It was now almost 12 months ago that, in the opinion of The Age’s Jesse Hogan, John Hastings “wouldn’t have been [one] of the first 15 bowlers even considered a few months ago”.
This was just after Hastings had received his first one-day international Man of the Match award for his 3/21 against England in Manchester, the deciding match of the series, which Australia won.
On Wednesday night, ‘The Duke’ received his second, for his 6/45 against Sri Lanka in Dambulla, another series deciding fixture.
John Hastings’ meteoric rise in the standings of Australian one day bowlers has seen him go from a player back in 2011 who had done the work, got his chance, tried his hardest, and would likely return to domestic cricket having had the pleasure of representing his country, to one of the county's best.
Four years later in 2015, when Hastings was gifted another chance at international cricket, the then 29-year-old was a far more mature player, had built his knowledge of bowling around the world, and was not about to die wondering.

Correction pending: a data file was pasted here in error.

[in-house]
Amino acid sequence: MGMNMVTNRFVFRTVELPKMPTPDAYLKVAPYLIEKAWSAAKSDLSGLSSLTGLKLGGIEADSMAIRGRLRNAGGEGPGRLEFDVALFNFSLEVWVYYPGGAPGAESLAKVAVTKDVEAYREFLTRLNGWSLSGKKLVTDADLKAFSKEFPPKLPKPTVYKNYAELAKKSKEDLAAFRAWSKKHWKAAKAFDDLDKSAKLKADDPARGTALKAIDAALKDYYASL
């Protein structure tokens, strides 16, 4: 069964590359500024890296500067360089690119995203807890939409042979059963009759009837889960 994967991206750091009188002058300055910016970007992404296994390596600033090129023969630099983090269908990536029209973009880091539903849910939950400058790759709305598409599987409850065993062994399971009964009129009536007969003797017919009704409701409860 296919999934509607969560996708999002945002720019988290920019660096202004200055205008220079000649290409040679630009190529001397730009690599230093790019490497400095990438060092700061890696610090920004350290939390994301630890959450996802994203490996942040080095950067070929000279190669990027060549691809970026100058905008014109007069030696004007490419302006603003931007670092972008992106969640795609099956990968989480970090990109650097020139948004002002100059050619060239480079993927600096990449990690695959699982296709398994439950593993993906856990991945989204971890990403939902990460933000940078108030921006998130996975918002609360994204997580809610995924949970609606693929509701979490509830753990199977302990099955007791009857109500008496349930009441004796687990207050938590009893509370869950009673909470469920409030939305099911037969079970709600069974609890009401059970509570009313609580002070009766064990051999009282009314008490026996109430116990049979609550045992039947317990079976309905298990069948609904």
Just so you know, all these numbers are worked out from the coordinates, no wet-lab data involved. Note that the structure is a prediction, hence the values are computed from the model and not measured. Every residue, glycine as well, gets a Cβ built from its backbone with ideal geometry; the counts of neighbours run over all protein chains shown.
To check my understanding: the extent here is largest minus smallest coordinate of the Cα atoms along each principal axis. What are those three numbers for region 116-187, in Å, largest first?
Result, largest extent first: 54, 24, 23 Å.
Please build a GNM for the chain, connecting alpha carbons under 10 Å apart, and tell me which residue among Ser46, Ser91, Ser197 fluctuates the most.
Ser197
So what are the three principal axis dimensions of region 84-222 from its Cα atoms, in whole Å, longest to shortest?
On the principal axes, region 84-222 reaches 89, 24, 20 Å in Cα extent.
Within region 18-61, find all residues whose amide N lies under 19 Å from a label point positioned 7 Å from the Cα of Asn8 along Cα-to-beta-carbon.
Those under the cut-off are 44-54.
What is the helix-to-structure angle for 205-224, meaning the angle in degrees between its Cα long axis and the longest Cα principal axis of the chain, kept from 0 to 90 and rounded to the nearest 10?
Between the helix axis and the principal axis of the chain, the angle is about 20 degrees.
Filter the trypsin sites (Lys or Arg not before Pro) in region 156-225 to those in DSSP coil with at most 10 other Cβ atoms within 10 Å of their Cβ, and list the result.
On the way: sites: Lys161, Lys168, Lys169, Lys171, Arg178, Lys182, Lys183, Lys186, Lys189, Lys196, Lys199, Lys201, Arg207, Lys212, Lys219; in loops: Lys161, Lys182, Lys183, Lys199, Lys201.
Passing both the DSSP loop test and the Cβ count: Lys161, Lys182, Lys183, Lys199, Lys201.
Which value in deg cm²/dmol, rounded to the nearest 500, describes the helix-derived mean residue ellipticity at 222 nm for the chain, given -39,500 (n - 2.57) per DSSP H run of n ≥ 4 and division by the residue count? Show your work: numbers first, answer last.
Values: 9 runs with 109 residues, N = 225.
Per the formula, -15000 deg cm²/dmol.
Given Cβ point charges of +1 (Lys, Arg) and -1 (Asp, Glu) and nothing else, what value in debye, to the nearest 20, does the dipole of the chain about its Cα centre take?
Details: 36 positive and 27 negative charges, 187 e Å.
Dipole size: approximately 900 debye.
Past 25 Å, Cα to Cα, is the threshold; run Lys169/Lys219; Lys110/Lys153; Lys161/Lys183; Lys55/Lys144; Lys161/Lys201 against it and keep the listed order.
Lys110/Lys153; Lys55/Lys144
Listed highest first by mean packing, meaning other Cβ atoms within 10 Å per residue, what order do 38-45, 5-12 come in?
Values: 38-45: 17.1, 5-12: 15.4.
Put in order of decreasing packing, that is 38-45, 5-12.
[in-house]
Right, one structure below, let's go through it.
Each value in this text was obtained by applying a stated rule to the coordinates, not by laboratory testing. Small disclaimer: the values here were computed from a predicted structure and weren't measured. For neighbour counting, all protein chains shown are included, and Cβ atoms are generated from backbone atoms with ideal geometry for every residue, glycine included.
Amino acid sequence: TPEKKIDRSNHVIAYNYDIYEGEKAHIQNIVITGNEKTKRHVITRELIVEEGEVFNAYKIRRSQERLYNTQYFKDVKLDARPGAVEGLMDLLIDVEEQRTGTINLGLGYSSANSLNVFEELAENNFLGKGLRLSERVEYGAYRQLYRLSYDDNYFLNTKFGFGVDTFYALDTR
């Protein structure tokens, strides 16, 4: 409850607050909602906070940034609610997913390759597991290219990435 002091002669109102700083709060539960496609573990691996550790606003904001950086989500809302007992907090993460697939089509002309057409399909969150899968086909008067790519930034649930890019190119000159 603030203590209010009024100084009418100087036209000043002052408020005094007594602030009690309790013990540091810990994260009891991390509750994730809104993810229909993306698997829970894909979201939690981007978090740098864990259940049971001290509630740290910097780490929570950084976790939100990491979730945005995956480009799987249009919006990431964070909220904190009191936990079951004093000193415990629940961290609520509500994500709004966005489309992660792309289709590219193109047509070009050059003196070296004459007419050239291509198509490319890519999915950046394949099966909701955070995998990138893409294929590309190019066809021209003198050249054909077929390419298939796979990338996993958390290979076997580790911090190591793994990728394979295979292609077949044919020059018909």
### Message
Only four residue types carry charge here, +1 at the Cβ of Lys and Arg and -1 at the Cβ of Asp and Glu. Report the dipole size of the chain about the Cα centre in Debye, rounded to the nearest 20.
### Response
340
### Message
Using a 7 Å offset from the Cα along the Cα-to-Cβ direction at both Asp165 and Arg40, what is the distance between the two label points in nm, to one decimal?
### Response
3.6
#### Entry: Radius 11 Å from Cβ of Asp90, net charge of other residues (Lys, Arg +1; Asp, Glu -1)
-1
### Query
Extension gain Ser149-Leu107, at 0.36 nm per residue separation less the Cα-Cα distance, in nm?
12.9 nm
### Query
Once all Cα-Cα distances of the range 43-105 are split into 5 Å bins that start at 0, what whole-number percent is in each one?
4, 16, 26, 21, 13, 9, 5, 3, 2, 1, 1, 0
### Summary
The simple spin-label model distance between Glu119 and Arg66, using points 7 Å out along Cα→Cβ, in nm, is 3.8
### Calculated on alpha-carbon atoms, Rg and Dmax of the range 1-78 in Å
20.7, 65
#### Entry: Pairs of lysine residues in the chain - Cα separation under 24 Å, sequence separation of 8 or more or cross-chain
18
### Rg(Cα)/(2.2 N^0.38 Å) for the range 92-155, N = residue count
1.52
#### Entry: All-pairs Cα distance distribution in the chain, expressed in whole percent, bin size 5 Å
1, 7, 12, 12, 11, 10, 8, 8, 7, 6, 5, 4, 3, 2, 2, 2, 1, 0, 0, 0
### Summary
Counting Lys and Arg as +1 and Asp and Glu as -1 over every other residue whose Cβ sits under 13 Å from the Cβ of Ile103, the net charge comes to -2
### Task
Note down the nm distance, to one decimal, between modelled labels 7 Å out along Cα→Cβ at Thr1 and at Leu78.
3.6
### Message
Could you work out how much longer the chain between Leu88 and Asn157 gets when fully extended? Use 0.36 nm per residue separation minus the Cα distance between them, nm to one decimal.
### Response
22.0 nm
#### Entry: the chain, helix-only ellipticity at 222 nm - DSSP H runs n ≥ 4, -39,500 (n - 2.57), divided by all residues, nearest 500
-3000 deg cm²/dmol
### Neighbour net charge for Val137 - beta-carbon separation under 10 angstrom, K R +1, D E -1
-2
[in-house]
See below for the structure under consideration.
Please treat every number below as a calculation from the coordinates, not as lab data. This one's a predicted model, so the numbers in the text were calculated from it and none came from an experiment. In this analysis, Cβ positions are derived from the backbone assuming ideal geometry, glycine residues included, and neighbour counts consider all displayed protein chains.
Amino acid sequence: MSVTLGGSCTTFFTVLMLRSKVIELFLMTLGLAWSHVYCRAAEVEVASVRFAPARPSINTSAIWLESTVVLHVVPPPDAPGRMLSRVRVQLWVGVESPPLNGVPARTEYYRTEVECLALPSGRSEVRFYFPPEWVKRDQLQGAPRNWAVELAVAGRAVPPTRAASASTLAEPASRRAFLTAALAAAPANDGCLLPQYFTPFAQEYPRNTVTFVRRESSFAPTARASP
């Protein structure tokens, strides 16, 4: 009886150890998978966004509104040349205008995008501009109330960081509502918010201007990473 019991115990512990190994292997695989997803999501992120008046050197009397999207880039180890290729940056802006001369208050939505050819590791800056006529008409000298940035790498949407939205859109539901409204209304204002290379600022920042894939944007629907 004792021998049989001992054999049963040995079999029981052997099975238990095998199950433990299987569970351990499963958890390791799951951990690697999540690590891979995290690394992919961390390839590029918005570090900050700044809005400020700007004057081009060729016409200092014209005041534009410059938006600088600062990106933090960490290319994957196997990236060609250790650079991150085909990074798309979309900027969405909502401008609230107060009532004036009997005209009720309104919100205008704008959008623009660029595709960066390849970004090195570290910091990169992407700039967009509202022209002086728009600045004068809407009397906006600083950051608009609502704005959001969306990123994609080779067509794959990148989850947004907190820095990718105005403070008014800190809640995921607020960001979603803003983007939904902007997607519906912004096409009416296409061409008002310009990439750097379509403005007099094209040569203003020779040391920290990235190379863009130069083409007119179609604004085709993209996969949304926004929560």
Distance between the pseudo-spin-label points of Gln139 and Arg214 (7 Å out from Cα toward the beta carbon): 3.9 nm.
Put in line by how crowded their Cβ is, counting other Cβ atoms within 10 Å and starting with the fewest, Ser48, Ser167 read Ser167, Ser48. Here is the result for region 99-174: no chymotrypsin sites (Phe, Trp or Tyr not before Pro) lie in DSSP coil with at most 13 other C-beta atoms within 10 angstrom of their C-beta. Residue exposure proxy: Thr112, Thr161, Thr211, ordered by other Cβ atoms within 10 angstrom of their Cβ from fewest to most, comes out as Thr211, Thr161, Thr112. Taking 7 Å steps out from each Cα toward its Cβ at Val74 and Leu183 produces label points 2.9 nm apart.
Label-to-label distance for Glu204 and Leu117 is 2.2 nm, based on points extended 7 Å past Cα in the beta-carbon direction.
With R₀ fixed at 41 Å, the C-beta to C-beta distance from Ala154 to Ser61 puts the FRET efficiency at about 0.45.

That he did not, and every time he has been picked for Australia at ODI level since, he has pulled through, giving exemplary performances against India and New Zealand and genuine match winners against the English and Lanka.
Although a career one-day international bowling average of 28.46 is nothing to be sneezed at, it’s his 20.87 average since returning to the international fold that shows the good bowler Duke was and the brilliant one he’s become.
Australian cricket has created a culture of a revolving door for bowlers at one day level, and to separate yourself from the fold can be a tricky job, especially for a cricketer more father along in his career.
This is exactly what John Hastings has managed, cutting through the impressive performances and resumes of strike bowlers such as Nathan Coulter-Nile and Kane Richardson to announce himself as one of the country’s most important seamers.
When naming an ODI team to take on any other country in the world, most would not list Hastings alongside Mitchell Starc as an integral part of the Aussie bowling unit.
Statistically however, John Wayne ‘The Duke’ Hastings’ name should be one of the first picked when it comes to bowling in 50 over cricket.
Hastings’ career narrative could’ve written itself incredibly familiarly to many other part time internationals.
Now it’s almost certain that at the end of his career, The Duke will ride off into the sunset.